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Wednesday, February 13, 2008

Gas And Asses

If you would like, you could consider the "Asses" in the title of this post to refer to an alternate method of transportation.

In a prior post I reviewed the trend for US crude supplied as it relates to recessions. This graph shows crude trends, and under normal circumstances, supply doesn't fall unless we enter a recession:

But gas is a different story, although consumption does drop for recessions. Here are some recession periods:

and:

and now:


There's an overall trend here it's easy to miss, so take a look at this:

Gasoline consumption in the US has been falling for years. All those who scream about Hummers and wasteful consumers may be discussing their neighbors, but they aren't discussing the US as a whole. For about 9 years gasoline consumption has been dropping, and in 2007 consumption was the lowest for ten years.

Gas consumption in the US is not price invariant at all. Sales of gas-efficient cars have been steadily increasing, and those fuel-efficient cars will stay on the road for years to come. It's likely that this trend has multiple causes, among which are real declining incomes for a large section of the population, a growing number of retirees who are not forced to drive to work, home workers, and sincere efforts to conserve by a portion of the population. It may also reflect a shift in jobs toward major urban areas in which mass transport is a viable option for more workers.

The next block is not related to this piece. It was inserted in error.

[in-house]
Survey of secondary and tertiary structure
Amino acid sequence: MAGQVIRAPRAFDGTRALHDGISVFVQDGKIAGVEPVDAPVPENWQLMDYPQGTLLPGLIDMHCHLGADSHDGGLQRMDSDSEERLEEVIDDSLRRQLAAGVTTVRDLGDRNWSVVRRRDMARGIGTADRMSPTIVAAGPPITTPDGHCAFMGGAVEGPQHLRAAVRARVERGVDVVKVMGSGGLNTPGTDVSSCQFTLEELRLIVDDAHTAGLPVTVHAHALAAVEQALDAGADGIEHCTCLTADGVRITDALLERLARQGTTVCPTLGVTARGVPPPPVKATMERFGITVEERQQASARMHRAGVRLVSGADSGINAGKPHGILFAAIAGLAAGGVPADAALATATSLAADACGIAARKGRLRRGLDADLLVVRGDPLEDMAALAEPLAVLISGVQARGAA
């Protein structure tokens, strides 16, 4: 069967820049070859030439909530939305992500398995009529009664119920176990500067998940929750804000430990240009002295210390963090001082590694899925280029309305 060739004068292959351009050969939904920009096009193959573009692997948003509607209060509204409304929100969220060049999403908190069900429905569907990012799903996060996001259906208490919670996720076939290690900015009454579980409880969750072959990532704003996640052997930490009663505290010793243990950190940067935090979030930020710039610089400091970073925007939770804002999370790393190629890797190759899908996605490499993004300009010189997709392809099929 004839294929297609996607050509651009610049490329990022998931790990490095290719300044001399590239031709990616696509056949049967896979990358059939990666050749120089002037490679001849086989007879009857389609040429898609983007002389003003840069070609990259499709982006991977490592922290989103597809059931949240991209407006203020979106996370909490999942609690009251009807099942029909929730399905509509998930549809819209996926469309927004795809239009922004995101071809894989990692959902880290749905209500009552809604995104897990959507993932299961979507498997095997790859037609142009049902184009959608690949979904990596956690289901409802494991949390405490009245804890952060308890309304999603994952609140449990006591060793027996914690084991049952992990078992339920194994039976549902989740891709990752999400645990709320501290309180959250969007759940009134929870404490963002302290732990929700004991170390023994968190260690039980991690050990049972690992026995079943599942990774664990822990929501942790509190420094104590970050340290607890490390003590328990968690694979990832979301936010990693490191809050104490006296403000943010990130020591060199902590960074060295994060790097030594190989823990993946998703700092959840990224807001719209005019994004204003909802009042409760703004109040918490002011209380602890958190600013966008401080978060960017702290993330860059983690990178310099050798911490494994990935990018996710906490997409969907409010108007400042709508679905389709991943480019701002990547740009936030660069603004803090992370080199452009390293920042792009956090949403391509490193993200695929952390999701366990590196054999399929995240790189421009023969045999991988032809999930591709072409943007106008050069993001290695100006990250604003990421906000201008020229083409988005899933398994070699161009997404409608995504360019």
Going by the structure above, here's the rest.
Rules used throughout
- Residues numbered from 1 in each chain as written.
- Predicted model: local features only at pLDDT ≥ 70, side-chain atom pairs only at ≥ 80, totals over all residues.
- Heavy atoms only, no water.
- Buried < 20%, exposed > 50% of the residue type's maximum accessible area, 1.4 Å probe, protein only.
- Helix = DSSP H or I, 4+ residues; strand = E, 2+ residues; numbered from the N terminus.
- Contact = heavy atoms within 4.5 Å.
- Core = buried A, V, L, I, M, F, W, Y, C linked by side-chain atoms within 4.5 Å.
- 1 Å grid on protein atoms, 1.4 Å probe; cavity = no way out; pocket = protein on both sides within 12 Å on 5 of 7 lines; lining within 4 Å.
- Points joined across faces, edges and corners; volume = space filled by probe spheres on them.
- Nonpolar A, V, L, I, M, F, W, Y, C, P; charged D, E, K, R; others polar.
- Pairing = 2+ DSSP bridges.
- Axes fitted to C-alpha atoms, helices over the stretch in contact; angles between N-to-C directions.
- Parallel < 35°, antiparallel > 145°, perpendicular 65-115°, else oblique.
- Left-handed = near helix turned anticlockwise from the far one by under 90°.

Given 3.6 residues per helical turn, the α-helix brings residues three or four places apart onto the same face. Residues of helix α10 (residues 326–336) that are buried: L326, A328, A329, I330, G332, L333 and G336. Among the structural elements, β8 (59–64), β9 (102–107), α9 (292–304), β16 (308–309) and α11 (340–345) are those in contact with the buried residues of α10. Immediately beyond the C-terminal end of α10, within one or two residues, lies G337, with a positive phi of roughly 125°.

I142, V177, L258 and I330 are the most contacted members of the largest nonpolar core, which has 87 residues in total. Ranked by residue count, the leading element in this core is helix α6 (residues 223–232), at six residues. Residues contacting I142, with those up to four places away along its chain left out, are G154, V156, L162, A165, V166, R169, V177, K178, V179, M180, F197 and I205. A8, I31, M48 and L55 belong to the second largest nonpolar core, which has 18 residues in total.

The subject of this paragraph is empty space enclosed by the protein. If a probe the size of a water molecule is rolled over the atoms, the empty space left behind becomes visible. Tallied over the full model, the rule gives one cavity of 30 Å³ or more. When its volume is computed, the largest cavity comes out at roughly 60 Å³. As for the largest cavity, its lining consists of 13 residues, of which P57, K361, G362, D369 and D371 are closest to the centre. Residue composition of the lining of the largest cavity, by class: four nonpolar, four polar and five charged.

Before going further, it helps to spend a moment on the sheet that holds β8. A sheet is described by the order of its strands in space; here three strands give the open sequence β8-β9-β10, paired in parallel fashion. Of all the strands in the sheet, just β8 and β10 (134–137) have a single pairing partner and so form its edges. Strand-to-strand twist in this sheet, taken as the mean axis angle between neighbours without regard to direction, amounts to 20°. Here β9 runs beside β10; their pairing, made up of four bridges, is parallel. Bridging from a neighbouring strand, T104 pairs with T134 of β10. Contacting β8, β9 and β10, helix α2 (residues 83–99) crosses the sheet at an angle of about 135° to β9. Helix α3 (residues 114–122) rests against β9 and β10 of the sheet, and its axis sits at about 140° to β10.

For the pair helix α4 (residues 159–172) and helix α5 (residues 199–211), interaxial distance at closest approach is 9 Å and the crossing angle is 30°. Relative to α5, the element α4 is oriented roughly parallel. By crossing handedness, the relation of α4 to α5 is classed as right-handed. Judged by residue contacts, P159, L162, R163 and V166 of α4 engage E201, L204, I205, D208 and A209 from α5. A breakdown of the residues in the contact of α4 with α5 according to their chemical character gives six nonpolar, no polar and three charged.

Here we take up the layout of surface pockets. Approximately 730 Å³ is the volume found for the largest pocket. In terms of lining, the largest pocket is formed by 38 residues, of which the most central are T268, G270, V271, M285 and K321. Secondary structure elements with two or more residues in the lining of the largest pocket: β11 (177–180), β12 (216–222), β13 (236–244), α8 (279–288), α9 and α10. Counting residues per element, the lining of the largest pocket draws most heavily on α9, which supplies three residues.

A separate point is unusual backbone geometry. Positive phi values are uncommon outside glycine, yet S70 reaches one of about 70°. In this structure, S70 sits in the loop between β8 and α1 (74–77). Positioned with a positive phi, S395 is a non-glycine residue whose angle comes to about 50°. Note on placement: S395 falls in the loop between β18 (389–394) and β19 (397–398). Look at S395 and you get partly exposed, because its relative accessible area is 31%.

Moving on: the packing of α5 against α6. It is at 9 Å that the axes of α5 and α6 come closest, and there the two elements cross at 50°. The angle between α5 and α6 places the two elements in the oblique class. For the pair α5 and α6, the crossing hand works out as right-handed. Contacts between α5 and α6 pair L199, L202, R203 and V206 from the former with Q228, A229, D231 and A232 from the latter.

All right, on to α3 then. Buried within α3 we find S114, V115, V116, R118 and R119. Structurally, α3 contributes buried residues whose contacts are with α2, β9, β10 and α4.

Regardless, the idea that gas taxes need to be raised to force conservation is a stunningly stupid one. It appears that current gas prices are causing conservation, and that wasteful consumption is restricted to portions of the population that can frankly afford to pay higher taxes without changing their habits. It also appears that US efforts to conserve are not going to affect world trends much - the growth is coming from other areas.

Keeping the overall trend in mind, it is even more remarkable that retail sales show such a growth of retail spending on groceries, gas and pharmaceuticals. The bottom line is that other types of consumption are being suppressed by high spending on necessities. The high spending on necessities is the product of declining real incomes in a large portion of the population, and high inflation for food and fuel.